"The U.S. Air Force has hit Iraqi TV with an experimental electronmagetic pulse device called the 'E-Bomb' in an attempt to knock it off the air and shut down Saddam Hussein's propaganda machine. Iraqi satellite TV, which broadcasts 24 hours a day outside Iraq, went off the air around 4:30 a.m. local time."
- CBS News, 3-25-03
E-bombs can unleash in a flash as much electrical power—2 billion watts or more—as the Hoover Dam generates in 24 hours. [And], although the Pentagon prefers not to use experimental weapons on the battlefield, "the world intervenes from time to time," - Defense Secretary Donald Rumsfeld.
- Time Magazine, 1-19-03
The next Pearl Harbor will not announce itself with a searing flash of nuclear light or with the plaintive wails of those dying of Ebola or its genetically engineered twin. You will hear a sharp crack in the distance. By the time you mistakenly identify this sound as an innocent clap of thunder, the civilized world will have become unhinged. For, the "E-bomb" has come of age.
America has remained at the forefront of EMP weapons development. Although much of this work is classified, it's believed that current efforts are based on using high-temperature superconductors to create intense magnetic fields. [And it's] an astoundingly simple weapon. It consists of an explosives-packed tube placed inside a slightly larger copper coil. The instant before the chemical explosive is detonated, the coil is energized by a bank of capacitors, creating a magnetic field. The explosive charge detonates from the rear forward. As the tube flares outward it touches the edge of the coil, thereby creating a moving short circuit. "The propagating short has the effect of compressing the magnetic field while reducing the inductance of the stator [coil]," says Carlo Kopp, an Australian-based expert on high-tech warfare. "The result is that FCGs will produce a ramping current pulse, which breaks before the final disintegration of the device. Published results suggest ramp times of tens of hundreds of microseconds and peak currents of tens of millions of amps." The pulse that emerges makes a lightning bolt seem like a flashbulb by comparison.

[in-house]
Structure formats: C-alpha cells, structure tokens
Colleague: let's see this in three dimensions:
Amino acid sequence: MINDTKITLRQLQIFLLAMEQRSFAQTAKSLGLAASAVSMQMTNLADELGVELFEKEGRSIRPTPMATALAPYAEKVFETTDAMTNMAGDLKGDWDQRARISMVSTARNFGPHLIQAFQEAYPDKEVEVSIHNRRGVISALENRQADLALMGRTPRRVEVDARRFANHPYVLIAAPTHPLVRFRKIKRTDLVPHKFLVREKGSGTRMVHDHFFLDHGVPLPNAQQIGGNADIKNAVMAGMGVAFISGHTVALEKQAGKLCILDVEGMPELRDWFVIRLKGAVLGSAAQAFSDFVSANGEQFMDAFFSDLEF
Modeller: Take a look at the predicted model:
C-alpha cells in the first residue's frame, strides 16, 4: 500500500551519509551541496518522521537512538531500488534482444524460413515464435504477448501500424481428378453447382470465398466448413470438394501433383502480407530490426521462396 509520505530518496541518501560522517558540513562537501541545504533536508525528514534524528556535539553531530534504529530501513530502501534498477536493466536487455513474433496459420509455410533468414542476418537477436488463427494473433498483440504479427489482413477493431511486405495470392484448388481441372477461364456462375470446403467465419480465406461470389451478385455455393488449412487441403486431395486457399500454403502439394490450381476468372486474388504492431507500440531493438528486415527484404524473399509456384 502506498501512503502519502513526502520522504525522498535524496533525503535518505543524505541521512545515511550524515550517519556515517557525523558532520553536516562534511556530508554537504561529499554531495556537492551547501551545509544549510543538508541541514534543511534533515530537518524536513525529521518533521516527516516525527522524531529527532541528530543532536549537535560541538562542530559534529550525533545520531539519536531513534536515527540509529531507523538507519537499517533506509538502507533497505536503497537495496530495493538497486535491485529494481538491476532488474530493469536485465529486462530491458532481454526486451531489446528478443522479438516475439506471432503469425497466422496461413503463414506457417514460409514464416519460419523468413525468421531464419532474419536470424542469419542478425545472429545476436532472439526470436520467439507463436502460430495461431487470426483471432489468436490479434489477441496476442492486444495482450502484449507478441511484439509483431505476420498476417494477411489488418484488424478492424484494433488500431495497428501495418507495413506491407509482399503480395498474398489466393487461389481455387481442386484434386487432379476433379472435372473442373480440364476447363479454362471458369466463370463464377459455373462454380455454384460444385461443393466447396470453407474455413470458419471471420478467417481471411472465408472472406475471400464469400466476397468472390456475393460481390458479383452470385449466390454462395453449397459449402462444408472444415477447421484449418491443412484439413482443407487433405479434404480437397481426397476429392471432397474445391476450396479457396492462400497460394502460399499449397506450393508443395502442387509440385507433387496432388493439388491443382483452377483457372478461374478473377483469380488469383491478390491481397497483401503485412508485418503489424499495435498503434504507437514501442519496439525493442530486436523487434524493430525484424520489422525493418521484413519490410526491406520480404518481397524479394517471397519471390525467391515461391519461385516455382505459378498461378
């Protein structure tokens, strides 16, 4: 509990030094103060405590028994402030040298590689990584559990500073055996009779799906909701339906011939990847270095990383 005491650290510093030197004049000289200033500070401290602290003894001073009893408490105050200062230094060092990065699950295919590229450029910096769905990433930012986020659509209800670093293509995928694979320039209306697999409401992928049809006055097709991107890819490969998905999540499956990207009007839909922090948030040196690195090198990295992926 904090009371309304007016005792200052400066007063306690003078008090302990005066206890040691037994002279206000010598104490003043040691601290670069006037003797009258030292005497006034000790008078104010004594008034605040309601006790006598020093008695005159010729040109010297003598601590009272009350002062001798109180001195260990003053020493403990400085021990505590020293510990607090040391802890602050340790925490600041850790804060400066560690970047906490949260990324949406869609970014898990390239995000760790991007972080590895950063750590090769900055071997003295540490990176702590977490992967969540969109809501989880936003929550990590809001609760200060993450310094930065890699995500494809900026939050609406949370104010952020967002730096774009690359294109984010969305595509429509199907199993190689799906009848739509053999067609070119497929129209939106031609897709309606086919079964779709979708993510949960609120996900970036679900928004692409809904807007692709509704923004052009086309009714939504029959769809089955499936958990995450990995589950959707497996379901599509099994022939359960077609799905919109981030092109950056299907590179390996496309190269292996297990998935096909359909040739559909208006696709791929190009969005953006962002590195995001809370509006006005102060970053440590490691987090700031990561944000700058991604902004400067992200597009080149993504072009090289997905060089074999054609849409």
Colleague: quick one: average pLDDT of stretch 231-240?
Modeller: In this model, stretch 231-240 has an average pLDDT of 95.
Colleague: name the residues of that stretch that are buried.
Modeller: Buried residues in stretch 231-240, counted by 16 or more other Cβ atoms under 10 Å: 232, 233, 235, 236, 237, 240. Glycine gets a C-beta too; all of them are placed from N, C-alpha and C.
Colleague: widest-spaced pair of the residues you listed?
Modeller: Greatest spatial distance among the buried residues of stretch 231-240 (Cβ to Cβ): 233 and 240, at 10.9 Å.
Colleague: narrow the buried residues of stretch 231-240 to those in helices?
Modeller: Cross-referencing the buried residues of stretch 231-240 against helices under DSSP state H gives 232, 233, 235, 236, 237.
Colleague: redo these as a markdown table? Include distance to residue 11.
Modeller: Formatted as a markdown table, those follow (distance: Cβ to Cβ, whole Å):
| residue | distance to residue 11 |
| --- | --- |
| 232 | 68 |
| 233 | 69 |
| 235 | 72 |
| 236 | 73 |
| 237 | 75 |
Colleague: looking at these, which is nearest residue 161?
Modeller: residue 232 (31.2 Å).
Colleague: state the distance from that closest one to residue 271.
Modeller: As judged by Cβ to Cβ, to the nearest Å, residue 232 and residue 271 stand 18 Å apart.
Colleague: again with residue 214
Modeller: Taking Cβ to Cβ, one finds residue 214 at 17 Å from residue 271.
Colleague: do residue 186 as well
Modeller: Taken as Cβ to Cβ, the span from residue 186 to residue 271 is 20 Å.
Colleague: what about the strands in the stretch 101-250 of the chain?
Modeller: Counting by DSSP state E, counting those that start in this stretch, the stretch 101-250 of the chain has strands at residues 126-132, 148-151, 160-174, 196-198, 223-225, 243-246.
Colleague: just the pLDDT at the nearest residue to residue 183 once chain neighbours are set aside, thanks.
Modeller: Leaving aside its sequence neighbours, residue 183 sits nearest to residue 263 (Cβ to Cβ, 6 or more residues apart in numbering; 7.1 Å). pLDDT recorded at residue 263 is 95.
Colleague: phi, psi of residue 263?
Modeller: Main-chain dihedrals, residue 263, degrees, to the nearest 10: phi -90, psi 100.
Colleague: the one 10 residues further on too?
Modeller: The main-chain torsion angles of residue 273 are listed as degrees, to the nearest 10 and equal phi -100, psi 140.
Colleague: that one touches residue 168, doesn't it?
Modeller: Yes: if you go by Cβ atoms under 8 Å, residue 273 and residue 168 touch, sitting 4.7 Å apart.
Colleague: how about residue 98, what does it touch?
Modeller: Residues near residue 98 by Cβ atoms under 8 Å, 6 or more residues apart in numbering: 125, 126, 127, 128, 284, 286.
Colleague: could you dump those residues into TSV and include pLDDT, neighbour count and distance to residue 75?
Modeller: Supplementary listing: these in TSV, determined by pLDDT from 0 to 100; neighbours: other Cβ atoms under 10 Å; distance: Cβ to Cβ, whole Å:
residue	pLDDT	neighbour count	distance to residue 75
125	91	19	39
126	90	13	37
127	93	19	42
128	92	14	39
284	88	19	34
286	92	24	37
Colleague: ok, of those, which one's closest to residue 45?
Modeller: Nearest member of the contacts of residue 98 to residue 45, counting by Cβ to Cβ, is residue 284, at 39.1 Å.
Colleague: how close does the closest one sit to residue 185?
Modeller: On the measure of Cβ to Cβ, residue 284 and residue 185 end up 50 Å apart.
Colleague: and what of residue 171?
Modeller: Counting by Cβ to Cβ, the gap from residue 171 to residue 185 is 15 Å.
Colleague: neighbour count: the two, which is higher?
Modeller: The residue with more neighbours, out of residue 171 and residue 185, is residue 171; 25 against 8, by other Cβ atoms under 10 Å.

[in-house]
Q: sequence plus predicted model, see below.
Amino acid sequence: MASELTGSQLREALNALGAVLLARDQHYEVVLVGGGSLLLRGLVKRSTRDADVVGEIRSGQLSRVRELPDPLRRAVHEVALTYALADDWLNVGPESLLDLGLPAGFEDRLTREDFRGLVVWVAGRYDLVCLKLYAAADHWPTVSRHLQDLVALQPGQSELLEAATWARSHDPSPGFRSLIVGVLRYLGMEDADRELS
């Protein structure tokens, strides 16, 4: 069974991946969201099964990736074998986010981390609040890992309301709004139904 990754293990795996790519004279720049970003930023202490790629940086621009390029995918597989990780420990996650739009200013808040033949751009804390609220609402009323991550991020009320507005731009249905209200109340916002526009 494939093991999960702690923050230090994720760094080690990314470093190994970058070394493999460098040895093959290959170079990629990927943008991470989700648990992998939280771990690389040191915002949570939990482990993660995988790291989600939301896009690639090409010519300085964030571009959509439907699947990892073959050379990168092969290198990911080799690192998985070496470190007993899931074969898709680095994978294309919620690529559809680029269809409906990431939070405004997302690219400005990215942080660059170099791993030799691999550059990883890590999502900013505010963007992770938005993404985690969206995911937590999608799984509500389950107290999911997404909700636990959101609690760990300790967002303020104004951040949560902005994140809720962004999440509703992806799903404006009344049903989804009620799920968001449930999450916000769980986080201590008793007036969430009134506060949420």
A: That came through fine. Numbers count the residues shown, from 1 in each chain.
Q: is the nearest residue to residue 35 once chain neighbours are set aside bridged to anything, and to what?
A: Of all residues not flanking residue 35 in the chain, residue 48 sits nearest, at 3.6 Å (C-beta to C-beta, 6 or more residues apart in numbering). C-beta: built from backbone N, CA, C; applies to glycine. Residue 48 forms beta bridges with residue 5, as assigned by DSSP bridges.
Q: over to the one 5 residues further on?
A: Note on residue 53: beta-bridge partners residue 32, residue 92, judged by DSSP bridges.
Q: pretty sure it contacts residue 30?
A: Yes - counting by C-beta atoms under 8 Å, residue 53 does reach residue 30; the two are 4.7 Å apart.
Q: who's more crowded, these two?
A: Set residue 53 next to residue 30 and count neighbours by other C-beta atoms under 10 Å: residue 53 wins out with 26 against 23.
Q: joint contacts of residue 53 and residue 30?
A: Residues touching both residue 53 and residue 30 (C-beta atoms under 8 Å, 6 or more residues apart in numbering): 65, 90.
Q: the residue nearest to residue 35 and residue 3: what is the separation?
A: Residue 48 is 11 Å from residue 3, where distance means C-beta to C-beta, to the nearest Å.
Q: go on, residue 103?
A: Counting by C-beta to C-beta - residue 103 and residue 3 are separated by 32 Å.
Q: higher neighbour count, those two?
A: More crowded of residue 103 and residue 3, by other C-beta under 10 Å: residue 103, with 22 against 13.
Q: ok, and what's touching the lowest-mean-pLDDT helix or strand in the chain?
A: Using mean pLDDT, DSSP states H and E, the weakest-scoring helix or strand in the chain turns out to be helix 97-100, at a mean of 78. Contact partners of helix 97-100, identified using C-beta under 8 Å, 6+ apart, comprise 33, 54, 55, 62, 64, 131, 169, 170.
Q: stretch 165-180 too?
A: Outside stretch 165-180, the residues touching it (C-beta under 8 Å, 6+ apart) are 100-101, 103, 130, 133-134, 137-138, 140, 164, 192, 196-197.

There is, however, another part to the E-bomb story, one that military planners are reluctant to discuss. While American versions of these weapons are based on advanced technologies, terrorists could use a less expensive, low-tech approach to create the same destructive power. "Any nation with even a 1940s technology base could make them," says Kopp. "The threat of E-bomb proliferation is very real." POPULAR MECHANICS estimates a basic weapon could be built for just $400.
For general advice on EMP shielding for your electronic systems, CLICK HERE.